The same day that we learned the story of the miracle pine, we heard a testimonial from Mr. Takahashi, a government official during the 2011 Tohoku Earthquake. On the day of, he had rushed to his children’s schools to make sure that they were safe; power outages prevented him from contacting them via phone. Luckily, all five of his children survived. In the days following, Mr. Takahashi worked closely with stranded evacuees, ensuring that they had enough food, clothing, and shelter to survive while the city put itself back in order. He spoke to us at length about the logistics of evacuation and recovery, taking only a few moments to add that his wife had passed in the tsunami before quickly maneuvering towards the next topic of conversation.

In addition to meeting him in person, we also watched a documentary featuring Mr. Takahashi and his family, which followed their struggle to cope with his wife’s passing. The documentary depicted a difficult family life: Mr. Takahashi’s eldest daughter, Kurumi, stepped up to become the mother of the remaining four kids while the youngest daughter, Reina, could not help crying before she went to bed every night. Mr. Takahashi worked hard to fulfill his new parental responsibilities, busying himself with the needs of the family and the house. When asked about his late wife, his curt, choked delivery betrayed much more feeling than the words that came with it.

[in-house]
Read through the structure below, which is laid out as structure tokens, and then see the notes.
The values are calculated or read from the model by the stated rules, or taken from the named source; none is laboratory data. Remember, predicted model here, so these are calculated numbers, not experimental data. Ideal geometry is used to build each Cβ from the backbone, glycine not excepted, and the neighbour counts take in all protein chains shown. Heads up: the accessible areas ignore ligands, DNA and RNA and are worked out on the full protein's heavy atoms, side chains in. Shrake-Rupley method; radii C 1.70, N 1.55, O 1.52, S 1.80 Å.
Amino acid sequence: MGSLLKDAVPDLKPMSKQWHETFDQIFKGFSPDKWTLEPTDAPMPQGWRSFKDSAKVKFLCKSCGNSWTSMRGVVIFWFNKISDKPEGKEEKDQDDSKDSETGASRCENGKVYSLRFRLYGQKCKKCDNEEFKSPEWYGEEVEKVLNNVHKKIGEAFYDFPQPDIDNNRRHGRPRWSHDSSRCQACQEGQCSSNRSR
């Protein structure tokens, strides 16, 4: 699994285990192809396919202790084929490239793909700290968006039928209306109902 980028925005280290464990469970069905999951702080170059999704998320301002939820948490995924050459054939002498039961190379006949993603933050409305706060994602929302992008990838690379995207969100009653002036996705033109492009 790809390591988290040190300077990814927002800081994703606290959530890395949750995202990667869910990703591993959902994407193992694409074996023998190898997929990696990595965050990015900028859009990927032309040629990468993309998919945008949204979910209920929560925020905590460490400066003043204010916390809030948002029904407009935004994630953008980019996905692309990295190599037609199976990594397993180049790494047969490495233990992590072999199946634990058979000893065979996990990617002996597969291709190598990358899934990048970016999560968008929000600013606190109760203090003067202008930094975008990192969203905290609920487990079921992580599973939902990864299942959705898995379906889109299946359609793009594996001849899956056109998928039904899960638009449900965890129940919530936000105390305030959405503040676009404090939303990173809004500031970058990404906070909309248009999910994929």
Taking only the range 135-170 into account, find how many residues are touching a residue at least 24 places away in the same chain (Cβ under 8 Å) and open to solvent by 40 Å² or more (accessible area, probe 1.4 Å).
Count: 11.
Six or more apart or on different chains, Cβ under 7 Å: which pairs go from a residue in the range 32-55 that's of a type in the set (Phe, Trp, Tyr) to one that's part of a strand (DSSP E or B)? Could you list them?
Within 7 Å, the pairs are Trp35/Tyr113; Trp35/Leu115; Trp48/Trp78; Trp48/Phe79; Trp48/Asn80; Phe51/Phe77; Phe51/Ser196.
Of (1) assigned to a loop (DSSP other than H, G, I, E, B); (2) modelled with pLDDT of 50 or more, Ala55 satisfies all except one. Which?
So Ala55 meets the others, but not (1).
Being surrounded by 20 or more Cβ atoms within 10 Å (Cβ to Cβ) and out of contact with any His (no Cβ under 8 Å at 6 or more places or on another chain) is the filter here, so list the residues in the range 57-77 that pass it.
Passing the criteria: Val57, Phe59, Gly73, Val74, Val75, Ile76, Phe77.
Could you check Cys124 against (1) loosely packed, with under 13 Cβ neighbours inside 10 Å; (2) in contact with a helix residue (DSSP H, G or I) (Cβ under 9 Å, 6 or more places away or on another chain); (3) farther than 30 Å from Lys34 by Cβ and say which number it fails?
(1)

As I listened to Mr. Takahashi respond to probing questions about his wife and the difficulties of his daily life, I noticed similarities between his story and the tale of the miracle pine. While the miracle pine is a symbol of hope, it can also be interpreted as a symbol of sorrow, as the original tree has since died and been stuffed due to the aftereffects of the earthquake. Like the miracle pine, a part of Mr. Takahashi is dead. Also like the miracle pine, Mr. Takahashi must stoically live on despite his past sorrows. He cannot afford to revel in the fact that he survived; he must instead deal with the crushing normalcy of daily life and support his five children. Although the miracle pine represents the joy of life for many, for people like Mr. Takahashi, such temporary joy has been eroded by the timeless grief incurred by the 2011 Tohoku Earthquake.